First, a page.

Opposition to relocation of job training centre for disabled teenagers in Hong Kong snowballs as 800 join protest against plan
- Shine Skills Centre set to make way for civil service college under scheme announced by city leader Carrie Lam last month
- Kowloon site identified for a new vocational training centre providing more admission spaces
Opposition to a government plan to relocate a job training centre for disabled teenagers to make way for a civil service college snowballed on Sunday as about 800 students, parents and concerned residents surrounded the building in Kwun Tong in a show of solidarity against the scheme.
About 7,700 people have signed a petition opposing the contentious project – announced last month by Chief Executive Carrie Lam Cheng Yuet-ngor in her policy address – to redevelop a 118,000 sq ft site where the Shine Skills Centre, run by the Vocational Training Council, is located.
While officials insist the plan will not affect current students, legislators and parents are worried the move shows the government is becoming less supportive of young people with special needs.
A parent surnamed Man said: “Ordinary children and their parents have a lot of primary and secondary schools, as well as universities, to choose from. But that’s not the case for my kid and other children from special schools.
“Lam, as our chief executive, should be more understanding of these children and parents. It’s already very hard for parents like us.”
Labour Party lawmaker Fernando Cheung Chiu-hung, a co-organiser of the protest, also said the government was “bullying the disabled”.
“Can you just kick out these disabled teenagers because civil servants need more training?” Cheung asked.
Under the government’s plan, the centre, which offers 300 two-year vocational training places for those aged 15 or above with disabilities, will be shut down and demolished in 2021. It will be replaced by a civil service academy, a district health centre and other community facilities.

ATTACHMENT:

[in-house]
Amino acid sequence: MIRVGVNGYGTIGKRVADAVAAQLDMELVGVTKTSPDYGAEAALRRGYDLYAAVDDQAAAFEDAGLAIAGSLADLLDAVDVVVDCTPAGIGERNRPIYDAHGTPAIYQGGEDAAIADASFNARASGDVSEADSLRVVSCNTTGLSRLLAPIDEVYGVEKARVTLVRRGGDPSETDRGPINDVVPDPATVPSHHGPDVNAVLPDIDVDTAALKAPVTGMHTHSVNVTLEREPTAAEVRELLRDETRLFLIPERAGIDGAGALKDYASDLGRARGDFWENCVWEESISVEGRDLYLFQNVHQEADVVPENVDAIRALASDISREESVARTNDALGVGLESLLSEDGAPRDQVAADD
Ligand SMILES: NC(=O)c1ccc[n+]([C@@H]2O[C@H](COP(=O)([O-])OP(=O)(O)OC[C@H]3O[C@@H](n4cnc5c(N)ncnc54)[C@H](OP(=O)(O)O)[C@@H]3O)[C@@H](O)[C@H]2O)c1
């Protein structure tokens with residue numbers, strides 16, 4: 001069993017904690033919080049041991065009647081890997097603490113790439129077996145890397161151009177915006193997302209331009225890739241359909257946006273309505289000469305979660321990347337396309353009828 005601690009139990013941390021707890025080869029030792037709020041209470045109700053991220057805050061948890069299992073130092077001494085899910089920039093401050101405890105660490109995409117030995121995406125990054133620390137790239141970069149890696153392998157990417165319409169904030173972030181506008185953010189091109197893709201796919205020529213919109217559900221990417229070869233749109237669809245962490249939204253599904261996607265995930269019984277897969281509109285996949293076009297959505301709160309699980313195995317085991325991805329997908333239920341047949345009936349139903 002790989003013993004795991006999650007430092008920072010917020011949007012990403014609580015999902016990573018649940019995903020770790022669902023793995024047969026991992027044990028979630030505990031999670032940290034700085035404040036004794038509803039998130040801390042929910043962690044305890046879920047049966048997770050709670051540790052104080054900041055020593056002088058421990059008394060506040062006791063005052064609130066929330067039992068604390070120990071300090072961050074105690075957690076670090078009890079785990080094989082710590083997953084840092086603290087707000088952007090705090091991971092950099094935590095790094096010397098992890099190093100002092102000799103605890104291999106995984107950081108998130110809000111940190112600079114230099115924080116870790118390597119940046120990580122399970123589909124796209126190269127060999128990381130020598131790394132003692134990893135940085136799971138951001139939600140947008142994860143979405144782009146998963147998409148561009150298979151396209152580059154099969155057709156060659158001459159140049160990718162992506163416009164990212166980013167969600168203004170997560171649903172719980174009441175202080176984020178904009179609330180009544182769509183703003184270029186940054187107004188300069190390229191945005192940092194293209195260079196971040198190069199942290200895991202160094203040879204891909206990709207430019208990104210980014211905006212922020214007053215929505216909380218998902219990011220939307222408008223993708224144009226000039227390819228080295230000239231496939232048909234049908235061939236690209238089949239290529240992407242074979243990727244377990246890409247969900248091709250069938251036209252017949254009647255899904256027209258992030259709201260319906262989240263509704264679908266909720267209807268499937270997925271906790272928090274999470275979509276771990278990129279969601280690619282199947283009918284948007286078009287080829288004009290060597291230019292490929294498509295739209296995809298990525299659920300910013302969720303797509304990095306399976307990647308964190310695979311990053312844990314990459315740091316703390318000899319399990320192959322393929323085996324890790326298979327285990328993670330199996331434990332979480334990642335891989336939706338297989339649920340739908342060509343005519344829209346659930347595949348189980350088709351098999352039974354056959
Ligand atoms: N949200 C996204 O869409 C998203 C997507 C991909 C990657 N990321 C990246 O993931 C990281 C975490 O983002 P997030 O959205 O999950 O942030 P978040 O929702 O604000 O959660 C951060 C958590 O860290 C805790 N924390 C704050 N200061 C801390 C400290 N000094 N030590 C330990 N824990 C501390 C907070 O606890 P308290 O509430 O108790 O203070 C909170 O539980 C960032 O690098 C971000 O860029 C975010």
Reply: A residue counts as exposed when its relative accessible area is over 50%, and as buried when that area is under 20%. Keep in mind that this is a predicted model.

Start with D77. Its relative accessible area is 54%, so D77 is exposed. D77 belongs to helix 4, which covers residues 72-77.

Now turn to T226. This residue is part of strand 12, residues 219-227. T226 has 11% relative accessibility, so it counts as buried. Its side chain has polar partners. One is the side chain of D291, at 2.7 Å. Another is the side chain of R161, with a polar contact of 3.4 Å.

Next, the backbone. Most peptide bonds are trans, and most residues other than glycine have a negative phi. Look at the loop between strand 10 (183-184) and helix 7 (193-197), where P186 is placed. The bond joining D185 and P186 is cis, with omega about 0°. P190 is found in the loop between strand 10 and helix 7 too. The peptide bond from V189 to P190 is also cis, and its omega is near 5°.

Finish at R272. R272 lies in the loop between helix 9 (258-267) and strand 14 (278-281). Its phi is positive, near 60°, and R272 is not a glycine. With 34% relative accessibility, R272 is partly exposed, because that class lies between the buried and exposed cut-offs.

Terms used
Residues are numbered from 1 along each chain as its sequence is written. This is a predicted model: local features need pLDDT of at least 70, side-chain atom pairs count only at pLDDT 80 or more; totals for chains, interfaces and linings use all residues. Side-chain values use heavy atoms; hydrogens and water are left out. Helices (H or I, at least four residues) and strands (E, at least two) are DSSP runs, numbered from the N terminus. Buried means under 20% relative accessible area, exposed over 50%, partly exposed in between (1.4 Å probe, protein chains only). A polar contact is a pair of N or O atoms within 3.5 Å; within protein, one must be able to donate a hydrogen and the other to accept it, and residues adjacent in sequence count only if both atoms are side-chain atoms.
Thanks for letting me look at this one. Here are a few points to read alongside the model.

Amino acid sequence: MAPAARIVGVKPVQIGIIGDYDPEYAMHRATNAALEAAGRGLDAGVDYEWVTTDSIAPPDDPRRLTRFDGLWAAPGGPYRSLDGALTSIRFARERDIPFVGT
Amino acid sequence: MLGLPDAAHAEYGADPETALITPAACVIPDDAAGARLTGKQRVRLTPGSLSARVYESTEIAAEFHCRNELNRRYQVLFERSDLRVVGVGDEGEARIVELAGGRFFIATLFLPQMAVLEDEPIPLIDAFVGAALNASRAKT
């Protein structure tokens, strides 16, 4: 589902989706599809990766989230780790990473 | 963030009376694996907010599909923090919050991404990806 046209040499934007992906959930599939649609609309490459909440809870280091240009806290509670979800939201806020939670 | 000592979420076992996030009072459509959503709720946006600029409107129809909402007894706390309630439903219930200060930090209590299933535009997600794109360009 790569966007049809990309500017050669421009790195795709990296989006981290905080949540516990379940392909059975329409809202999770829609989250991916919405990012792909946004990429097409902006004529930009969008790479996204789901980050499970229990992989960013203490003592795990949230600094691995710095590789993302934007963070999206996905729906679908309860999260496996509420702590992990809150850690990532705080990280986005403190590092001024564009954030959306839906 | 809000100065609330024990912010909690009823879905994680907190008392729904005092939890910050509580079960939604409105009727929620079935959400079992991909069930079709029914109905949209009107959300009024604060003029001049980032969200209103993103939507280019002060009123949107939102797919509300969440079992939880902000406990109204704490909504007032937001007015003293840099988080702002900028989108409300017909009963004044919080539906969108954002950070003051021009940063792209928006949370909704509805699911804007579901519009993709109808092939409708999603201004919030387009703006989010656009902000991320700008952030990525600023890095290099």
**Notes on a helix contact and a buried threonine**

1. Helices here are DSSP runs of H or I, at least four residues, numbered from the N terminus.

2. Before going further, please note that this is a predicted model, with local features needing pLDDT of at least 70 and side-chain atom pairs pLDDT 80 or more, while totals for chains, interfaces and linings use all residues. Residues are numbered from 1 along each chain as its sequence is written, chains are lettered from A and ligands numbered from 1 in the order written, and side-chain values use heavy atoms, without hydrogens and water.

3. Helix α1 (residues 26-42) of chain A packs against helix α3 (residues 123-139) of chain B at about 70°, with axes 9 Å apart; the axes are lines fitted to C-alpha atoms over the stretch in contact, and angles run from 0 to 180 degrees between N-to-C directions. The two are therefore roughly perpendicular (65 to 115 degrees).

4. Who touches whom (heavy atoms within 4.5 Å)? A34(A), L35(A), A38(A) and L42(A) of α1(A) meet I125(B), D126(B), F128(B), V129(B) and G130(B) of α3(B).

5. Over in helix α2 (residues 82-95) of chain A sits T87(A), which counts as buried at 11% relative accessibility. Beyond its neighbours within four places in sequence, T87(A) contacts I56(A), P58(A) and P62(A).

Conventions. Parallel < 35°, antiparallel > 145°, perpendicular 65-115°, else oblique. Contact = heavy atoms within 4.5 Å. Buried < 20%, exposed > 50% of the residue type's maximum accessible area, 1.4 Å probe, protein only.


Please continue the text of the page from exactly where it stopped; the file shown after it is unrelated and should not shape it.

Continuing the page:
The project was estimated to cost between HK$6 billion (US$769 million) and HK$7 billion, and slated for completion in 2026.
Secretary for Labour and Welfare Law Chi-kwong defended the plan last month, stressing that the 650 or so full- and part-time students, who spend two years at the centre, as well as those enrolling next year, would not be affected by the relocation plan.
Law also said a site in Kowloon had been identified for a new vocational training centre providing more admission spaces, and would be up and running by September 2021. The new centre would be run by NGOs subsidised by the Social Welfare Department.
Students enrolling in 2020 would be affected by the relocation, Law added, but they could choose either to attend another integrated vocational training centre in the 2021/22 school year, or study an “intensive” version of their courses in one year, instead of the original two.
Law also said the building housing the Shine Skills Centre was 50 years old and needed redevelopment.
Cheung countered on Sunday that it was weird for the government to terminate the council’s operation at the Shine centre.
“It was fine for the government to redevelop the building … but now the government is ending a service that was doing well and moving students [enrolling in 2020] to a new place for good,” he said.
Lawmaker Ip Kin-yuen, who represents the education sector, said the government could avoid trouble by building the civil service college on the newly identified site instead.
“Civil servants are not short of training facilities … There is no need to rush with the plan to relocate the disabled people’s centre,” Ip said.
A spokesman for the Labour and Welfare Bureau said on Sunday it would ensure the transition would be smooth in executing the relocation plan.